Tony Blankley

"It's hard for us to understand what the Russian plan is," said a senior U.S. official who briefed reporters over the weekend on the Russian invasion of Georgia. One must hope that the claimed bafflement at Russian intentions is merely one of those diplomatic lies that honorable statesmen are obliged to recite from time to time.

In fact, Russian intentions are quite clear. Georgia has cozied up to Uncle Sam as part of a nearly two-decades-long effort by the United States to bring the former non-Russian Soviet republics and formerly captive eastern European nations into the American-led sphere of influence -- and out from under Russia's historic suzerainty over the lands just beyond its border.

America's aggressive diplomacy in this regard was heightened recently when -- at the NATO summit in Bucharest, Romania, this year -- it pressed for Georgia's and Ukraine's memberships to the alliance. Moreover, America and Britain have been providing military assistance to the Georgians in the form of arms and training. As the British newspaper The Times noted: "(That) support is aimed at encouraging the rise of Georgia as an independent, sovereign state."

Did our government assume that we could continue to bait the Russian bear in his cave and not eventually get his claw thrashed against our face?

Since the commencement of Russian military hostilities, President Bush has been making loud and emphatic demands for Russia to cease and desist its military assault on Georgia. Of course, with the Russian Black Sea fleet cheerfully banging away at the Georgian coast with no U.S. naval opposition; the Russian air force bombing Georgian cities with no air defense from the U.S.; and Russian tanks rolling into little Georgia with no plausible U.S. Army forces available to give Czar Putin even a second thought, President Bush's words are worse than meaningless. They in fact have the meaning that the weakened statuses of America militarily, diplomatically, economically and on the basis of our negative energy position have stripped an American president's cautionary words of any power. Rather, they encourage others to ignore our threatening words. A nation that threatens without the perceived capacity to carry out the threat is a mockery of a great power.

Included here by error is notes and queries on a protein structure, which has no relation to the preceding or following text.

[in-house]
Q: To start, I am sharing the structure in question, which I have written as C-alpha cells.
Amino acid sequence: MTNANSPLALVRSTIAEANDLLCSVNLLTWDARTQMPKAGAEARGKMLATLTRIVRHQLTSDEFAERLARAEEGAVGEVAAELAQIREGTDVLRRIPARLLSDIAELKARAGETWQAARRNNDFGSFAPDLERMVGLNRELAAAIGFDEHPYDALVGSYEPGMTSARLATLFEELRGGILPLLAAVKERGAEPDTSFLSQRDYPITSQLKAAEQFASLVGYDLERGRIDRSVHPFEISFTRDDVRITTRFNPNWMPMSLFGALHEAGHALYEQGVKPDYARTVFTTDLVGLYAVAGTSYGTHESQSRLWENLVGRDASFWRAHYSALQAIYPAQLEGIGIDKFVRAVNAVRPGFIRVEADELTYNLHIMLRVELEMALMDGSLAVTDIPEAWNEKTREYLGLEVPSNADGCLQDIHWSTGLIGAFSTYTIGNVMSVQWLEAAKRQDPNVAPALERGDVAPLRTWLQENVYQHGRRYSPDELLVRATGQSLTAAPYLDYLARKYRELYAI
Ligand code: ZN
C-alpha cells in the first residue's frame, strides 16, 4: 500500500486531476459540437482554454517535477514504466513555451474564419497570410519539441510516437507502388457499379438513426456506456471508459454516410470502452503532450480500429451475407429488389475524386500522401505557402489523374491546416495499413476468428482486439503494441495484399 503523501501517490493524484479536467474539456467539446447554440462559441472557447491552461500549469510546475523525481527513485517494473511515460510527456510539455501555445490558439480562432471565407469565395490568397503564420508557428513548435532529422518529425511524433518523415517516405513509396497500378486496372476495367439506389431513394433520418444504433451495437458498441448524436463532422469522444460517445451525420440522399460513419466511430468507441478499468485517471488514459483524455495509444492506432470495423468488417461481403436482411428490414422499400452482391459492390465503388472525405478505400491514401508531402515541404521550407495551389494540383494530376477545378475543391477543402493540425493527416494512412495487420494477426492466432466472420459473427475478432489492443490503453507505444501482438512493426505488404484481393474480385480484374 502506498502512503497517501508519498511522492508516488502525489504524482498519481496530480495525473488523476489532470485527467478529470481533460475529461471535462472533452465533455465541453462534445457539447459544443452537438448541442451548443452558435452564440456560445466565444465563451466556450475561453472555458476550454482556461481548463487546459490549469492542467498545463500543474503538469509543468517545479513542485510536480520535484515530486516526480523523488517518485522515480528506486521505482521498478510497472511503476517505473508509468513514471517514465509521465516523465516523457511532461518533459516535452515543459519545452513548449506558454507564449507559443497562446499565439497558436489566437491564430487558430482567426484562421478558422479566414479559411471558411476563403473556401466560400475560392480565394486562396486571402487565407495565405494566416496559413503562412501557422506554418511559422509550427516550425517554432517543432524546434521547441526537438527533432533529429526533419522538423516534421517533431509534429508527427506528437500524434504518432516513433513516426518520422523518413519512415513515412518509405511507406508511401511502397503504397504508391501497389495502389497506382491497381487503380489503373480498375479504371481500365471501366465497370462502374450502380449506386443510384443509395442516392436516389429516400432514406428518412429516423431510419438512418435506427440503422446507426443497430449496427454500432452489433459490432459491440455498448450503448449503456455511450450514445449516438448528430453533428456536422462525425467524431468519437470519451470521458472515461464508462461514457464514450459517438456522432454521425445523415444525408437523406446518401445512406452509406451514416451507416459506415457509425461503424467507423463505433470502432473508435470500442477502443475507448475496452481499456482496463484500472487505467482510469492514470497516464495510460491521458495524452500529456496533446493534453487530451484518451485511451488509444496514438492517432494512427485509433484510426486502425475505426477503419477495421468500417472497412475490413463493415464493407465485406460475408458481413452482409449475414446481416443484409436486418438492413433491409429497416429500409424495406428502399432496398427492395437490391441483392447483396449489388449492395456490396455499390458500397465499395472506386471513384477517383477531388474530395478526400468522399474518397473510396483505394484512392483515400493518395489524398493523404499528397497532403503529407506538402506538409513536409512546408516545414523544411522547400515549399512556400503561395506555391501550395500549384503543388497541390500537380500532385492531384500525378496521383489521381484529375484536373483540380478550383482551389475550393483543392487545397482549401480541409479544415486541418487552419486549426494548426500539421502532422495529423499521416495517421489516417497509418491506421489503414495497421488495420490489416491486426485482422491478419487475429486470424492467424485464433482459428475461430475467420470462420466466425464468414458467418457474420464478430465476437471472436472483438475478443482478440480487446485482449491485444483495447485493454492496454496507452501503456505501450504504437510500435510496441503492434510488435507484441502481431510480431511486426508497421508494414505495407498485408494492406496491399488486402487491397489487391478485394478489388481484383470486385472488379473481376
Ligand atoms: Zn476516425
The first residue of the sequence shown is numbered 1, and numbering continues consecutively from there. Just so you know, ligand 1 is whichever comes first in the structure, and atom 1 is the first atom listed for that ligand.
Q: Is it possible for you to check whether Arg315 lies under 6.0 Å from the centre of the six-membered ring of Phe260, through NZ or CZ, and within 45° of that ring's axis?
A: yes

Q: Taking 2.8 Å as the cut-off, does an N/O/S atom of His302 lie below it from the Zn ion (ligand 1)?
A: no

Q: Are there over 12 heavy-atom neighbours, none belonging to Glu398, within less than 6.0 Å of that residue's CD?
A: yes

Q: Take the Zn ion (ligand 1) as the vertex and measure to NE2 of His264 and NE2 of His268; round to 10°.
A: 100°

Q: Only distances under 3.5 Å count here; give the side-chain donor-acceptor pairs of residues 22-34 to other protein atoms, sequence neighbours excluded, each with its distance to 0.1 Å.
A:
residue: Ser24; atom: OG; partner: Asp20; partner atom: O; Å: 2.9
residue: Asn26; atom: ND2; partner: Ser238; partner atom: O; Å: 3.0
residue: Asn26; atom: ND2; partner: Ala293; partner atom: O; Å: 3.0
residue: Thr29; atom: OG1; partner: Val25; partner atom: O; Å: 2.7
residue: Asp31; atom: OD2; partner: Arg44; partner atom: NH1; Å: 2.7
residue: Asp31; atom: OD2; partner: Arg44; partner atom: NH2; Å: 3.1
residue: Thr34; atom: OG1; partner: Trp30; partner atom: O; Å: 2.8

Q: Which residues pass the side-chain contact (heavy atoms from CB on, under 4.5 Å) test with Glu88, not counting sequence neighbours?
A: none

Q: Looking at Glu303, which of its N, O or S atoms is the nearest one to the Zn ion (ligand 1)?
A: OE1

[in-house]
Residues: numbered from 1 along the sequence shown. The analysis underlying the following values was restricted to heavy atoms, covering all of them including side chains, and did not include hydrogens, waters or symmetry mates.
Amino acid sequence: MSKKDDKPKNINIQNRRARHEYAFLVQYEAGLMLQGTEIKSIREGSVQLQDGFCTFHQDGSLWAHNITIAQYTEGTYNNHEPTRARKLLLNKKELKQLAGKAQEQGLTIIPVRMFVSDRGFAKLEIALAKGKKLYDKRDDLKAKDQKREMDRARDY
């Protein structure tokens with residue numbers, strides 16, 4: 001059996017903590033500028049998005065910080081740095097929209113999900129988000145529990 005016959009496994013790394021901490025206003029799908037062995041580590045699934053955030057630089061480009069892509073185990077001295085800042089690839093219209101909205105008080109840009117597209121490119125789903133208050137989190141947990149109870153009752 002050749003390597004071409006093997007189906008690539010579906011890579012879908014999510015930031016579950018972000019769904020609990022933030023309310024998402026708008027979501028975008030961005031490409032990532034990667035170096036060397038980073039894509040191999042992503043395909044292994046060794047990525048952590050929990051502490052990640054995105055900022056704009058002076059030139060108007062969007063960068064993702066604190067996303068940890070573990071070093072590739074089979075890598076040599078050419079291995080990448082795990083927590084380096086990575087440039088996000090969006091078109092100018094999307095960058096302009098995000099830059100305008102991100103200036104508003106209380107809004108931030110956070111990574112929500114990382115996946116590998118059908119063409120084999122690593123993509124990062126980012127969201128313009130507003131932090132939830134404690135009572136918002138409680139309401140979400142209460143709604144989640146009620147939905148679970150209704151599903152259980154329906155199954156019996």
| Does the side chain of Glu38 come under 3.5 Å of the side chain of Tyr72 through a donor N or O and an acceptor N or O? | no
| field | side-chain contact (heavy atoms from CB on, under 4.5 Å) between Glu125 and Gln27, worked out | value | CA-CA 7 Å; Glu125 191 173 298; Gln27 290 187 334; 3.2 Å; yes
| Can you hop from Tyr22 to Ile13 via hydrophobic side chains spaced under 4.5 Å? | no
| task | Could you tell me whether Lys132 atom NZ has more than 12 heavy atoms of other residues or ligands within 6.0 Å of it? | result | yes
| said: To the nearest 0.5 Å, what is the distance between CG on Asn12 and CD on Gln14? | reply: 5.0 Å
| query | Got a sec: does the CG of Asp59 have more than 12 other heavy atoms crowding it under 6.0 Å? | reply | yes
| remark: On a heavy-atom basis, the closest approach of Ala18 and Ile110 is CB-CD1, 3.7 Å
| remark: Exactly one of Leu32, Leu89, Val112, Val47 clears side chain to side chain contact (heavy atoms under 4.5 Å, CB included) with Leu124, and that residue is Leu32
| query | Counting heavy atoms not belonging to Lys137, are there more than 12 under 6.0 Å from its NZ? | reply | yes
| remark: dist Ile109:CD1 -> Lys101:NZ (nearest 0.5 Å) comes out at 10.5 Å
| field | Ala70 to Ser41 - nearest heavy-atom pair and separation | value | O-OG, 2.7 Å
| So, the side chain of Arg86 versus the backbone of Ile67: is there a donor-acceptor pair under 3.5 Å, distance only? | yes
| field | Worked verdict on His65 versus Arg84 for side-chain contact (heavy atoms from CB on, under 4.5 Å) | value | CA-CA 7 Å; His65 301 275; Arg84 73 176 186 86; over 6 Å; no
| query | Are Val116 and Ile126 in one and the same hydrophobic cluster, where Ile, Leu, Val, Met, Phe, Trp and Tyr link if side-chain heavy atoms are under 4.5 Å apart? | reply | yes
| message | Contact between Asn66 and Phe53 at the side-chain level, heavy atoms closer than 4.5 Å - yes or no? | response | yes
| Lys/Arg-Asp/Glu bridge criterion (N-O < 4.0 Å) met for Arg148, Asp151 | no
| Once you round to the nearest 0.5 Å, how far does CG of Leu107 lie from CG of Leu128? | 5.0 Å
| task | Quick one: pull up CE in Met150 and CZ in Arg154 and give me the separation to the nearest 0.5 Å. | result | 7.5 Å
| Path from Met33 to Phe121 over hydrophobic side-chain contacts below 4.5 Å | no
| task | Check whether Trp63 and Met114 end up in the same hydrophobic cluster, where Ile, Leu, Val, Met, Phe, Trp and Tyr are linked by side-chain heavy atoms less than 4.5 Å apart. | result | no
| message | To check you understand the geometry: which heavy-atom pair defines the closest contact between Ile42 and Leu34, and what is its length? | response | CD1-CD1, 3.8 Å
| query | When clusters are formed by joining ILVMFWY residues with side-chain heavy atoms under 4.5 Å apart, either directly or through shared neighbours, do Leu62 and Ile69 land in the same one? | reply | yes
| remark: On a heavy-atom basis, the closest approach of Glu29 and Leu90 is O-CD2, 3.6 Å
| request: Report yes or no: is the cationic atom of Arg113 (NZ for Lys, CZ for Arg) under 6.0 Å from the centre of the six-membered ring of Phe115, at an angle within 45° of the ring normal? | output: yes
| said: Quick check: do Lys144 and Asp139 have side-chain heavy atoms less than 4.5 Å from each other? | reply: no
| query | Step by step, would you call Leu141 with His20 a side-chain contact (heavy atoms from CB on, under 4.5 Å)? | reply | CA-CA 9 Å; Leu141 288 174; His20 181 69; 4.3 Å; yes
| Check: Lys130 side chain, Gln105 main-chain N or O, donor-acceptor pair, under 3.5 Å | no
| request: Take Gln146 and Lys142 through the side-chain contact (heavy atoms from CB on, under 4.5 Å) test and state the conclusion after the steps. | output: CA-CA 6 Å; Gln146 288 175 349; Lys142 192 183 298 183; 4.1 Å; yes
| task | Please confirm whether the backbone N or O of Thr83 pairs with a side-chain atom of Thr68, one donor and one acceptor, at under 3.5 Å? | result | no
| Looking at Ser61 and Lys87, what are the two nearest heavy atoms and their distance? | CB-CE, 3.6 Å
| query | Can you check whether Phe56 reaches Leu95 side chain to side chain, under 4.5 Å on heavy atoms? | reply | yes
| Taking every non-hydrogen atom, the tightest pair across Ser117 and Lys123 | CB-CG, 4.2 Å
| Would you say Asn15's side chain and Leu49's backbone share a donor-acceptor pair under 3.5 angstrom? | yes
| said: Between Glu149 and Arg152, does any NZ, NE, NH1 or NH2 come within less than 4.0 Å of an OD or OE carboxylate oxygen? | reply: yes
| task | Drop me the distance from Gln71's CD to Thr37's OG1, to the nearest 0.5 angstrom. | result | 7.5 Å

John McCain, technically correct, said, "Tensions and hostilities between Georgians and Ossetians are in no way justification for Russian troops crossing an internationally recognized border." But of course, Russia wasn't looking for a justifiable and proportional act; it was looking to begin to regain power on its western and southern borders.

Tony Blankley

Tony Blankley, a conservative author and commentator who served as press secretary to Newt Gingrich during the 1990s, when Republicans took control of Congress, died Sunday January 8, 2012. He was 63.

Blankley, who had been suffering from stomach cancer, died Saturday night at Sibley Memorial Hospital in Washington, his wife, Lynda Davis, said Sunday.

In his long career as a political operative and pundit, his most visible role was as a spokesman for and adviser to Gingrich from 1990 to 1997. Gingrich became House Speaker when Republicans took control of the U.S. House of Representatives following the 1994 midterm elections.

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